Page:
Skip Navigation LinksHome > August 2007 - Volume 2 - Issue 8 > Zirconium-89 labeled Cetuximab: A very promising imaging pro...
Journal of Thoracic Oncology:
doi: 10.1097/01.JTO.0000283397.83216.5f
Poster Discussion Abstracts: Session PD3 and PD5 PD -Thursday, September 6: Session PD3: Thursday, September 6 Novel Therapeutics: Novel Therapeutics, Thu, 12:30 - 14:15

Zirconium-89 labeled Cetuximab: A very promising imaging probe to monitor and quantify EGFR expression non-invasively in vivo: PD3-1-3

Aerts, Hugo1; Dubois, Ludwig1; Straathof, Roel1; Hackeng, Tilman2; Chiu, Roland1; De Ruysscher, Dirk1; Lammering, Guido1; Wouters, Brad1; van Dongen, Guus3; Lambin, Philippe1

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1 Department of Radiation Oncology (MAASTRO), University of Maastricht, Maastricht, The Netherlands 2 Department of Biochemistry, University of Maastricht, Maastricht, The Netherlands 3 Department of Nuclear Medicine and PET Research, VU University Medical Centre, Amsterdam, The Netherlands

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The epidermal growth factor receptor (EGFR) is highly expressed in a significant percentage of human malignancies and its expression is associated with tumor aggressiveness and treatment resistance. The monoclonal antibody Cetuximab (C225) blocks the ligand binding domain of EGFR with high affinity, preventing downstream signaling which results in tumor growth inhibition. Consequently, Cetuximab has evolved as a promising new targeted agent in oncology and is nowadays increasingly used in clinical trials in combination with chemo- / radiotherapy. Image modalities to monitor the binding of Cetuximab non-invasively in cancer patients could significantly increase our knowledge of the clinical use of Cetuximab as a targeted agent. To contribute to this knowledge, we developed and validated a new imaging probe using Cetuximab labeled with the PET isotope Zirconium-89.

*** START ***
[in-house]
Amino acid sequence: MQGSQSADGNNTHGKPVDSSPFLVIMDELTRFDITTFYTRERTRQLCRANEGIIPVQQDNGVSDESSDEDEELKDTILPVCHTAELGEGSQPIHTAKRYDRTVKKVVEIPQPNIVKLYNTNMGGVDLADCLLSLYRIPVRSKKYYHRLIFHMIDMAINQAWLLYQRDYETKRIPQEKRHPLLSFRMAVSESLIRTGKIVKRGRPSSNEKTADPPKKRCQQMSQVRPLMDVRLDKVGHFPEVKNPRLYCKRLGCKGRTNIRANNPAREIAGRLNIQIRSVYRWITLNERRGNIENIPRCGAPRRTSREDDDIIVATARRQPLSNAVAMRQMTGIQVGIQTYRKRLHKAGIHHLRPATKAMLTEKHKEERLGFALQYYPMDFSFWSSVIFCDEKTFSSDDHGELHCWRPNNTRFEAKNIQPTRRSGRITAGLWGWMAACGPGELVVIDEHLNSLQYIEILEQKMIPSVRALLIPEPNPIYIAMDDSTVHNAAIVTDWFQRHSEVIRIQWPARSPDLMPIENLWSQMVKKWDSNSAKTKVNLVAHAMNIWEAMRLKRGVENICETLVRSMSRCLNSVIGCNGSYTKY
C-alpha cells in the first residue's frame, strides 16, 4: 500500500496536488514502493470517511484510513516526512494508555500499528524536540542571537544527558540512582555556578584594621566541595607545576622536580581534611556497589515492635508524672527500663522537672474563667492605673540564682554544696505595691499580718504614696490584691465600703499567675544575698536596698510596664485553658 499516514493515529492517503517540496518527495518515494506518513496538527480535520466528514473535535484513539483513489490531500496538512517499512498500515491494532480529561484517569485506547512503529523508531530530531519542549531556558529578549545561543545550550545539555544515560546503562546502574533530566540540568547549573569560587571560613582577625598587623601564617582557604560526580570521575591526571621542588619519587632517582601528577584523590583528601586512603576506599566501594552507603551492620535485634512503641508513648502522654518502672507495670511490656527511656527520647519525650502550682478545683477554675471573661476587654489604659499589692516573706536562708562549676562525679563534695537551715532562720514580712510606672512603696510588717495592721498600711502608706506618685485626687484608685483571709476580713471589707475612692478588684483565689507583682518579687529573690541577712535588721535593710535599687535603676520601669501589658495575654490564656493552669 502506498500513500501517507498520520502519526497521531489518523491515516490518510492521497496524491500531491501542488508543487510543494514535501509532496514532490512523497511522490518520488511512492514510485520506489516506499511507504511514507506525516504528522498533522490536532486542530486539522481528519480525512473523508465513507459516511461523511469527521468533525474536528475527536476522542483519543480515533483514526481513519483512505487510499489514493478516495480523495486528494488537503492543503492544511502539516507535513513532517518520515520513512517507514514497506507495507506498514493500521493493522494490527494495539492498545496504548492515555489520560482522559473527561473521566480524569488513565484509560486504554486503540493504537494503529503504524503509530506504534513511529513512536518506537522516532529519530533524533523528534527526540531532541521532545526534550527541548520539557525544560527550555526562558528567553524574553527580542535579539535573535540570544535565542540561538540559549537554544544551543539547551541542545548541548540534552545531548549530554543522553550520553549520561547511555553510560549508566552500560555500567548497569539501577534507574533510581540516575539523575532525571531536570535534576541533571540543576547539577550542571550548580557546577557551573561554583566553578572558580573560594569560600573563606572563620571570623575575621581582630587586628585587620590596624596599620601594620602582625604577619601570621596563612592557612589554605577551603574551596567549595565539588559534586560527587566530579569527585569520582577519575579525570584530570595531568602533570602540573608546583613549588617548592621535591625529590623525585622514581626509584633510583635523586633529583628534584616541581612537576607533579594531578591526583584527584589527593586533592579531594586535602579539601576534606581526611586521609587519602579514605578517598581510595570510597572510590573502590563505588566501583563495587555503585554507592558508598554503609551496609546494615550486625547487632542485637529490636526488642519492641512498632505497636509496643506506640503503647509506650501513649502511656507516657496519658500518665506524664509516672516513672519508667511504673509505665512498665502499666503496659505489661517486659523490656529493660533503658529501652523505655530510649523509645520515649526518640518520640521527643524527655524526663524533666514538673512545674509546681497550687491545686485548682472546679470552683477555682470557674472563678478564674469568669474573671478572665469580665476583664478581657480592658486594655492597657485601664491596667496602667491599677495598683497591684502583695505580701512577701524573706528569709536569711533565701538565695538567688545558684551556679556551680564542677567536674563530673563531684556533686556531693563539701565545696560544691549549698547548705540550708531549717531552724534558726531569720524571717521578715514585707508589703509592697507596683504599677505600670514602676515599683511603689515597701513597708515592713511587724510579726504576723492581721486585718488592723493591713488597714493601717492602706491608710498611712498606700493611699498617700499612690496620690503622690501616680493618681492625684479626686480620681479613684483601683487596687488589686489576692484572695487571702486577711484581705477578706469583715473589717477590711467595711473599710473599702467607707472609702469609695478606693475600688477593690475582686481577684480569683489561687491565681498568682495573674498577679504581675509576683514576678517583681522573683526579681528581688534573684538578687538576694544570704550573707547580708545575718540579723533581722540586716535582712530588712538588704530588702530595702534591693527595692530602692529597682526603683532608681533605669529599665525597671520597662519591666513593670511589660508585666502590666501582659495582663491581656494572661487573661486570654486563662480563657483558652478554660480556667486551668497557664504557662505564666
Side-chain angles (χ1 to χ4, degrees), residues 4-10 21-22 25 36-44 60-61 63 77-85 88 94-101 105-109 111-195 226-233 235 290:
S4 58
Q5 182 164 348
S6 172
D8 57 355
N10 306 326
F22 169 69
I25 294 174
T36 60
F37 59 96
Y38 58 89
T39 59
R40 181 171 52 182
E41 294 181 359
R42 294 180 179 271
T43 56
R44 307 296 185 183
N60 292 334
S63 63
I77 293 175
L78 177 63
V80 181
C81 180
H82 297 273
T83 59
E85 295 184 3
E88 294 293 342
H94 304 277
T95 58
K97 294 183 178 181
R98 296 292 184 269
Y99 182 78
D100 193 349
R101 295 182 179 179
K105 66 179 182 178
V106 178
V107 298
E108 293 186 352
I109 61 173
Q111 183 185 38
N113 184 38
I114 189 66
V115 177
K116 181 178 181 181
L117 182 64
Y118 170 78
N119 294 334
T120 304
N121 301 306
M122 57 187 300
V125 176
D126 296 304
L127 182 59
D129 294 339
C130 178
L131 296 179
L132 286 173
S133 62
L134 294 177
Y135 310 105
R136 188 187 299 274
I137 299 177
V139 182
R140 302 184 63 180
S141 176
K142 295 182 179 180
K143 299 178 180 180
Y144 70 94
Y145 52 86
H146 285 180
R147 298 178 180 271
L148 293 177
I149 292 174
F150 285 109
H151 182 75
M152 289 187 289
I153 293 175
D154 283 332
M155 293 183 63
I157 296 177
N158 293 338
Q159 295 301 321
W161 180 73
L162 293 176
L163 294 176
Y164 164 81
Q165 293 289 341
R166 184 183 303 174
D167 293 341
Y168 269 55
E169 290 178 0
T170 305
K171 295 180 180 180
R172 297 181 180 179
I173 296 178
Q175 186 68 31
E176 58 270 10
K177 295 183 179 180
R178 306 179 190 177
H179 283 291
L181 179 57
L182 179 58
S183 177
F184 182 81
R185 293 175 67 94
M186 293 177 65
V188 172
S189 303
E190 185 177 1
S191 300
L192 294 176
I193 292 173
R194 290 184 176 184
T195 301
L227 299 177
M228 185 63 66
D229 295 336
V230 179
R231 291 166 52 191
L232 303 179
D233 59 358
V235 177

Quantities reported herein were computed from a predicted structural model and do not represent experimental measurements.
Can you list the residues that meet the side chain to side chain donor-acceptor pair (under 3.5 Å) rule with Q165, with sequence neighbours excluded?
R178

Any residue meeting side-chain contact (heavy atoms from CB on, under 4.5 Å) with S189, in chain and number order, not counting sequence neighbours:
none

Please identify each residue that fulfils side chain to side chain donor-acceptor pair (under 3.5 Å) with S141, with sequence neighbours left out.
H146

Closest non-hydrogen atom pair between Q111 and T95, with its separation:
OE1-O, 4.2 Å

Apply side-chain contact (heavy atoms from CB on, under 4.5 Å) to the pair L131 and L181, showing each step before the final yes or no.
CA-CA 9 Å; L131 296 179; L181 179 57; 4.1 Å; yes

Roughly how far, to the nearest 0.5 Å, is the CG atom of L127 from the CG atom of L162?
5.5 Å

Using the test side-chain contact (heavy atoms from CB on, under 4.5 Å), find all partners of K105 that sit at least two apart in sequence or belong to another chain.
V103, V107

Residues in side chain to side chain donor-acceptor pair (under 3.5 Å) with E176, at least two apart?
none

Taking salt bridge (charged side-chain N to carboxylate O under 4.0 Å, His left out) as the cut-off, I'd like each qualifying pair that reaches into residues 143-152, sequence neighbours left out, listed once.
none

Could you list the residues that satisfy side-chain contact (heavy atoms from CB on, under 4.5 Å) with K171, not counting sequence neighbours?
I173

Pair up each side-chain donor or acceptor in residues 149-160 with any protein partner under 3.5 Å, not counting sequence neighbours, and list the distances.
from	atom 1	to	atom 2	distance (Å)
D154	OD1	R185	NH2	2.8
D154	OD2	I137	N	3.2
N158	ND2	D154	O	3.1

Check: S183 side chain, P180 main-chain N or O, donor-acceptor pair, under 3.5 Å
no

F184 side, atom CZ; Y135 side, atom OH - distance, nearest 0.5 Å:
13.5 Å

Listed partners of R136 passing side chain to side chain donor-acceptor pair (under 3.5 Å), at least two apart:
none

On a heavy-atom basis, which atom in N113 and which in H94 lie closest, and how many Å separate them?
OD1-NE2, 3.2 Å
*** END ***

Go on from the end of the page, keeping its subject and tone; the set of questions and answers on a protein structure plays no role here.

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Human A431 epidermoid carcinoma cells were used as high EGFR expressing cells, glioblastoma U373 MG and colorectal adenocarcinoma HT29 cells as intermediate EGFR expressing cells, and T47D breast carcinoma cells as negative control. The in vitro expression of EGFR was assessed using Western blotting. Quantitative validation of specific binding of Cetuximab was done using fluorescence-activated cell sorting (FACS) after incubation with Oregon Green 488 labeled Cetuximab. The in vivo binding of Cetuximab to EGFR was assessed by performing PET imaging from 0 to 96 hours on A431 and T47D tumor bearing NMRI-nu mice after injection of Zirconium-89 (89Zr) - labeled Cetuximab. Immunohistochemistry was used to validate the in vivo findings.

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Stability of Oregon Green 488 and 89Zr-labeled Cetuximab was confirmed by MALDI-TOF and HPLC respectively. Gammacounting of the 89Zr-cetuximab HPLC fractions demonstrated a radiochemical purity of 98%. Western blot analysis confirmed EGFR expression in the corresponding cell lines. Specific binding of Oregon Green 488 labeled Cetuximab was seen in EGFR expressing cell lines at a nanoMolar saturation concentration.

In mice, PET images showed clear delineation of EGFR-positive xenografts, but not of EGFR-negative xenografts. Tumor-to-blood ratios in the EGFR expressing cell line were significantly higher (P < 0.0015) compared to the negative control starting from 24 hours post injection, and reached an optimum after 72 hours due to the long biologic half-life of Cetuximab in the blood. Histopathology using anti-EGFR monoclonal antibodies confirmed the findings seen non-invasively.

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Using the newly developed probes, we assessed the binding of Cetuximab to EGFR both in vitro and in vivo. The 89Zr-cetuximab in vivo probe represents a promising tool to evaluate the biologic and pharmacokinetic effects of Cetuximab non-invasively. Monitoring these effects in combination with radiotherapy before, during and after treatment will ultimately result in individualized patient treatment. A phase I trial in patients is underway.

Copyright © 2007 by the European Lung Cancer Conference and the International Association for the Study of Lung Cancer.


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